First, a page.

Springboks Six Nations

The Springboks against England. Photo: David Rogers/Getty Images

Bok superstar joins growing calls in support of joining Six Nations!

World Cup-winning lock Eben Etzebeth believes joining the Six Nations would be good for the Springboks in the long run.

Springboks Six Nations

The Springboks against England. Photo: David Rogers/Getty Images

It’s been speculated for quite some time that the Springboks are eventually set to join an expanded Six Nations. Towards the end of 2020, the Sanzaar governing body stated that the Boks would play in the Rugby Championship until at least 2030 as part of a new 10-year plan, but it was confirmed earlier this year that any “commitment” now only runs to 2025.


In fact, SA Rugby already told their Sanzaar partners last year that they were “exploring their options” as a move to the Six Nations appears to be just a matter of time.

South Africa’s four leading franchises – the Bulls, Sharks, Stormers and Lions – have already headed into northern hemisphere competition with the start of the United Rugby Championship.

Eben Etzebeth, who is currently plying his trade with French side Toulon, but who will soon be joining the Sharks, has suggested it would make sense for the Boks to join the Six Nations.

“I think the Six Nations would be good for us,” the lock said on the Rugby Roots programme.

“Obviously, it just makes sense with us playing in the URC at the moment against the same competition.

“Maybe we could have a full June series against New Zealand, play in the Six Nations and then have an end of year tour in Australia or Argentina.

“I would love to join the Six Nations, but I would also love to still play those other teams as well. Maybe they (World Rugby) can get a good balance.

“At the end of the day, for me, it’s just about playing for South Africa.”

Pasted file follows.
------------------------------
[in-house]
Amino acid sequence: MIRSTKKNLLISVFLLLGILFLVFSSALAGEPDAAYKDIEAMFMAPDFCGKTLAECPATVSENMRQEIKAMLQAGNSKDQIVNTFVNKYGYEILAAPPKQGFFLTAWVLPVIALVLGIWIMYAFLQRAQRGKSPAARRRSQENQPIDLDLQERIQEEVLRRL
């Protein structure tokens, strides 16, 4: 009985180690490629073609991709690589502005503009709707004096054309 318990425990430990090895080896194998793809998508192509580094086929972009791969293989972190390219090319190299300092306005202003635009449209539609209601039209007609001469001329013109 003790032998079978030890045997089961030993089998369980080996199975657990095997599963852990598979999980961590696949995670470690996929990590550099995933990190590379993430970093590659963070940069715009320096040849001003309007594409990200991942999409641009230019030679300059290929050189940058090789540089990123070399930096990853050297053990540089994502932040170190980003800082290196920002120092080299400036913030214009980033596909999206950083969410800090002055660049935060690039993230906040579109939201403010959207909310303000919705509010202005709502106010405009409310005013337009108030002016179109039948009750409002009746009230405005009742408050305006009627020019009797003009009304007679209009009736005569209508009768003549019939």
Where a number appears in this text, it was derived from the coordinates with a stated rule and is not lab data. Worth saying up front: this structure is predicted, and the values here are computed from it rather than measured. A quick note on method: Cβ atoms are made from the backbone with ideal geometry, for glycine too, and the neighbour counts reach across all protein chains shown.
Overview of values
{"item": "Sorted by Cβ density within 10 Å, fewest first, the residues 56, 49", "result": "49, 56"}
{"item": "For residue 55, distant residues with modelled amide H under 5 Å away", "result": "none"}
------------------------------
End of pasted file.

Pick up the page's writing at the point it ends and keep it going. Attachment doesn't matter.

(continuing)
SA director of rugby Rassie Erasmus also believes there would be a number of benefits if the Springboks were to join the Six Nations

In an exclusive interview with the Daily Mail, Erasmus was asked for his opinion about the Springboks perhaps eventually moving into the Six Nations, with some reports suggesting the prospective change is strongly supported by investors CVC, and which looks most likely to happen in 2025.


“Just remember, this is purely my own personal opinion. I don’t need to get myself into any more trouble! I’ve always been a massive fan of the Six Nations. Murrayfield is awesome, the Aviva is awesome, Twickenham is awesome. I love the atmospheres and their rich tradition of singing,” Erasmus commented.

“Speaking from the South African side of the fence, I would love to see the Springboks in the Six Nations. The style of play, the travel and the time zones would all suit South Africa. 

“You could fly in overnight on Thursday, play on a Saturday and fly back on Sunday. It would be easy. When we go to Australia or New Zealand, you wake up at 2am and don’t know what day it is! 

“We are locked in with the Rugby Championship until 2025, so for now it is still hypothetical. Just please don’t mistake this for me saying the Rugby Championship is bad. I love New Zealand, I love Australia and I love Argentina. Gus Pichot is a legend.

“If someone with proper research showed me that South Africa joining the Six Nations would make the Rugby Championship weaker and damage the growth of the global game, then we shouldn’t do it. But right now, speaking as a South African, I think joining the Six Nations would be awesome.”


The Sanzaar partnership has appeared to be increasingly strained over the last couple of years, with cracks appearing ever since New Zealand were seen to have unilaterally decided that they would be leaving Super Rugby after the pandemic threw the competition into disarray.

Some reports have suggested this dramatic move could take place straight after the 2023 World Cup, but Sanzaar have reiterated that NZ Rugby, Rugby Australia, SA Rugby and Argentina Rugby had all committed to the Rugby Championship until 2025, in line with existing broadcast agreements.

Morris also noted that the financial impact of Covid-19 made it necessary for all unions to consider what competition structures best suited them commercially.

“Where is the Rugby Championship going? Are we looking at expanding? Are we looking at staying the same? Are there potential window opportunities to align with the global season?

“Some of that work now needs to come in and that’s why it’s great the joint-venture partners are all committed to 2025, and looking at what the future is.

“I don’t think we should read too much into, ‘all bets are off, South Africa are exploring their options’.

“It’s about sitting down with them, and all the partners, and saying, OK we had a vision until 2030 with Super Rugby and the Rugby Championship, we now need to amend that vision’.”